In 2009, Saudi Arabia was named the most dangerous place in the world to drive by the World Health Organization. And even though there’s a ban on women driving in the country, a disproportionate number of the road fatalities are female teachers.
Last year, Saudi Arabia’s highest-grossing female artist Manal Al-Dowayan created Crash (2014), a visualization of the ongoing tragedy told through data. “It’s become part of the tea-time talk in the majlis, the women’s area,” she says. “It’s always Oh, did you hear about so-and-so teachers who died in the so-and-so region? Oh those poor things.”
The problem is the commute. The Kingdom of Saudi Arabia provides state-funded schoolteachers to even the most rural villages, which means that many teachers must travel long distances to work. Male and female teachers are hired in roughly equal numbers for elementary and intermediate school, but men can drive themselves to work. Women, on the other hand, do not have the right to drive, so female teachers tend to carpool in hired cars and taxis.
“There are of course deaths because of remote areas, unsafe roads, ambulances taking forever,” says Manal. “Car accidents exist for both genders, but more for women because there are always six or seven women per car, so the numbers are much higher.”
Comprehensive reviews are scarce, but a 2008 report released by the King Abdulaziz City for Science and Technology and based on data from the late 1990s, concludes that commuting female teachers are 50% more likely to get in a crash than the average Saudi.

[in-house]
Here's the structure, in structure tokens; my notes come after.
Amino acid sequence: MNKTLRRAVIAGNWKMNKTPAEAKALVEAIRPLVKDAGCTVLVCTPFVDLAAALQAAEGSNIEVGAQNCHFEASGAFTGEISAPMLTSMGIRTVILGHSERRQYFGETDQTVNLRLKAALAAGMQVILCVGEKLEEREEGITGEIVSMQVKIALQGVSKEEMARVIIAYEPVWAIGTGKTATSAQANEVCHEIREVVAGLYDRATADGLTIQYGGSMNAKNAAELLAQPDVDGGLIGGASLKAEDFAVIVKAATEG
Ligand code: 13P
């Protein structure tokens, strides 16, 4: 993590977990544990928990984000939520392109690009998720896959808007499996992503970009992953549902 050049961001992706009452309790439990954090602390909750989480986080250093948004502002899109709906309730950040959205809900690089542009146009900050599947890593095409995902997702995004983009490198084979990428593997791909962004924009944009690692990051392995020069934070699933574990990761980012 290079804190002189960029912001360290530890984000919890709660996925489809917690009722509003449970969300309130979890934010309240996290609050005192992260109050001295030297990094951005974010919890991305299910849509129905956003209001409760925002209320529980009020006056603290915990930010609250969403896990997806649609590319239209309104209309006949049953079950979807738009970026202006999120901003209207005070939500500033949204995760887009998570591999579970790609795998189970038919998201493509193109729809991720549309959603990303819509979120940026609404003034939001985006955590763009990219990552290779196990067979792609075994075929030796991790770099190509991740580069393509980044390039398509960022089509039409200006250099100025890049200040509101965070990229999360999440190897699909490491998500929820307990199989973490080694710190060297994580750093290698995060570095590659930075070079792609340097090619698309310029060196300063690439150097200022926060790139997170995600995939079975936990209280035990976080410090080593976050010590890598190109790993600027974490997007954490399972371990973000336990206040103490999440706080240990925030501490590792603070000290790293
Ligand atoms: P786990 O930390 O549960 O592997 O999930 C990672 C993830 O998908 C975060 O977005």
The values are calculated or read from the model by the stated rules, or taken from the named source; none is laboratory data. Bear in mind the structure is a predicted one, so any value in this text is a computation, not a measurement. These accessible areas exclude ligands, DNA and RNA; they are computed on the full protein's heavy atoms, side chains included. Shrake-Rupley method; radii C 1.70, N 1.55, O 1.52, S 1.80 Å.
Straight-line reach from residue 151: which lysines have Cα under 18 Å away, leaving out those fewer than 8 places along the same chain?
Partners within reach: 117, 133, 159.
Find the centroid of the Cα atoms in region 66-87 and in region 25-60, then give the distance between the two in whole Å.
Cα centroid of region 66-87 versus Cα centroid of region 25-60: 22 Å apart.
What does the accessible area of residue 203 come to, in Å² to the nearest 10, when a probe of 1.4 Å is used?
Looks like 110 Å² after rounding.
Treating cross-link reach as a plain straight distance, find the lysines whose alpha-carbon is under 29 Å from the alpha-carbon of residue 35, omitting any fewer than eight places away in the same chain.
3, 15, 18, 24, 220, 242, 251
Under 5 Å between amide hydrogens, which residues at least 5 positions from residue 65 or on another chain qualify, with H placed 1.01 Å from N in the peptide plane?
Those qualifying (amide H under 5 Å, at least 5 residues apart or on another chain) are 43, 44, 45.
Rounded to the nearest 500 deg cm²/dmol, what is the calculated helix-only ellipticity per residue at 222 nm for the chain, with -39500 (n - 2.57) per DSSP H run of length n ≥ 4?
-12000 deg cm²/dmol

Crash gathers documents (maps, photos, newspaper reports) from 70 car accidents involving female teachers from January to December 2013. “Within that sample,” notes Manal, “About 50 women died, and only twice their names are mentioned.”
“Names are a social taboo,” explains Manal. “In Saudi culture, or maybe Islamic culture, women are required to cover their faces, lower their voices, not appear, be more modest. And there is a phenomenon that reaches all the way through India in which men do not pronounce women’s names in front of men.”
Newspapers are guilty of bowing to convention, too, even though it is not legally or religiously mandated. “Journalists take it upon themselves that they will not publish a woman’s name,” says Manal. “For fear that their tribe or family will be embarrassed that her name appears in public.”
“For me, when you don’t mention names, you’re erasing their identity,” she says. “By doing that, you’re dehumanizing them, and allowing a space for abuse.”
Crash documents an effort to understand tragedy more deeply, and to memorialize its anonymous victims, by composing a chorus: a series of sheets of real statistics; a series of maps plotted to show the distances between where car crash victims were teaching, where they lived, and where the accidents happened; and a series of massive silkscreens of after-the-fact newspaper photos.
By mapping, tracing, and analyzing the accidents, Crash also attempts to rectify the injustice that social etiquette scrubs dead women from the public record.